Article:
Uncategorized — 15 October 2008

ink pot

It seems like everyone has a cousin, or a friend, or a friend-of-a-friend’s-wife’s-cousin that is a freelance writer - and they’re all doing better I am.   I don’t mind being at the bottom of the totem pole but I get irked when I hear stories about  successful self-employed writers.  I’m happy for them but they also represent my competition, and when I consider my limited portfolio and lack of technical skill I get a little … tense …

If I’m at a party and an acquaintance asks what I do for a living, I sputter.  My nine to five is boring, but it’s better a better option than discussing my work as a freelancer because that usually prompts someone to tell me about their neighbour’s-boyfriend’s-daughter’s-friend who was hired right out of high school as a senior editor for The Economist, with no previous experience.

But enough about that.  This article isn’t about the obstacles stacked against us freelancers.  It’s about getting started.

One of the most difficult tasks for a new writer is setting his or her rate.    Last week I was turned down for a job because I set my price too high (apparently $0.03/word is outlandish)!

I found the following articles helpful.

Enjoy:

http://www.associatedcontent.com/article/89685/crunching_the_numbers_setting_your.html?page=2&cat=31

http://allfreelancewriting.com/2007/11/16/freelance-writing-careers/setting-freelance-writing-rates-the-right-way/

http://www.ehow.com/how_4465184_negotiate-freelance-writing-fees.html

Update: If you’re looking for work, check out this great article:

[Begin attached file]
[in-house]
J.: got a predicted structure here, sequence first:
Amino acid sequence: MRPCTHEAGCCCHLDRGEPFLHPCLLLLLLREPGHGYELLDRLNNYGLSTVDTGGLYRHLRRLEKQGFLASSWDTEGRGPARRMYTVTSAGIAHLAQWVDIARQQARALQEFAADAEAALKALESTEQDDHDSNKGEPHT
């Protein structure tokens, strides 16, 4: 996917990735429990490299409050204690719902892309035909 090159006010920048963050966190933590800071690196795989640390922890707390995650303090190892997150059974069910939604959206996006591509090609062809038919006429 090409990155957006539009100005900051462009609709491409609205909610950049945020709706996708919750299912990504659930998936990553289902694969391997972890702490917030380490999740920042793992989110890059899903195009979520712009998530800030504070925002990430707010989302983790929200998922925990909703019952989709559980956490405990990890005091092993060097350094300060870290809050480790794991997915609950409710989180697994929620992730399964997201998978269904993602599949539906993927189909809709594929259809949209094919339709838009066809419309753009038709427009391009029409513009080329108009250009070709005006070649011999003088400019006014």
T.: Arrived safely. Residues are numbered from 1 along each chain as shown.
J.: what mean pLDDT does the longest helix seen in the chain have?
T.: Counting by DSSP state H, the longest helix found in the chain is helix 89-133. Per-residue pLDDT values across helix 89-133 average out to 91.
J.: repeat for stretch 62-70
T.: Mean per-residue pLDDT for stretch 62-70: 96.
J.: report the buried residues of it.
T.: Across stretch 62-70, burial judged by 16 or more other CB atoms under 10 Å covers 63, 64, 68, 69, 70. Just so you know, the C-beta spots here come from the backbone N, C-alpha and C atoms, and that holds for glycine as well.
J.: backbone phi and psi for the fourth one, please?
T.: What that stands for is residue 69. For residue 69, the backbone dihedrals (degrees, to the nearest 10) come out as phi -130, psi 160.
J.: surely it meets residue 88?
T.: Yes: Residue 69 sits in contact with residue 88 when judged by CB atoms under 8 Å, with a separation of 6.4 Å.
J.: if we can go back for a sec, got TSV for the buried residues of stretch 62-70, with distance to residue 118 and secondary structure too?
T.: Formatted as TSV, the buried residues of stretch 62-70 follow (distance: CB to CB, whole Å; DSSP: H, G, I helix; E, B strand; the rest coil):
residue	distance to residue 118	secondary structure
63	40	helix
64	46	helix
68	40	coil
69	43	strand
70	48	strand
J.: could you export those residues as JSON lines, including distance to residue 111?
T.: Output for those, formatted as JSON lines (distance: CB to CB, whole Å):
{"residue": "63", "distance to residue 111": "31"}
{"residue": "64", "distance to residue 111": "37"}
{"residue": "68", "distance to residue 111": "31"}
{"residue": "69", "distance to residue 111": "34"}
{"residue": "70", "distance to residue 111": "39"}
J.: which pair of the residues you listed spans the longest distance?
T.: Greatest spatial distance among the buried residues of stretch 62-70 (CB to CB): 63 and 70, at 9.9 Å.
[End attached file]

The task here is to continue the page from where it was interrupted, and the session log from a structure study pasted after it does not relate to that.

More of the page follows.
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About Author

Shoe girl, knitter, crazy cat lady, music nerd, bookworm and sci-fi geek. By day I am a freelance writer and social media consultant.

(3) Readers Comments

  1. Just stick with it. Believe me – it’s worth it. :)

    And if it makes you feel any better, no matter how successful you are, trying to explain what you do can be just as uncomfortable. I’ve been doing this (reasonably successfully) for a few years, and I still have family who shove job ads in my face and people who earn less than I do “working for the man” telling me when job opportunities open up as though I should quit freelancing and get a “real job.” lol You just can’t win. But in the end, if you’re happy and getting by you’re doing a pretty good job in life, right? So just smile politely and go about what you do. :)

  2. Great advice Jenn.

    And thanks for those articles!

    -C

  3. Pingback: Diary of a Freelancer - 2 « People are People

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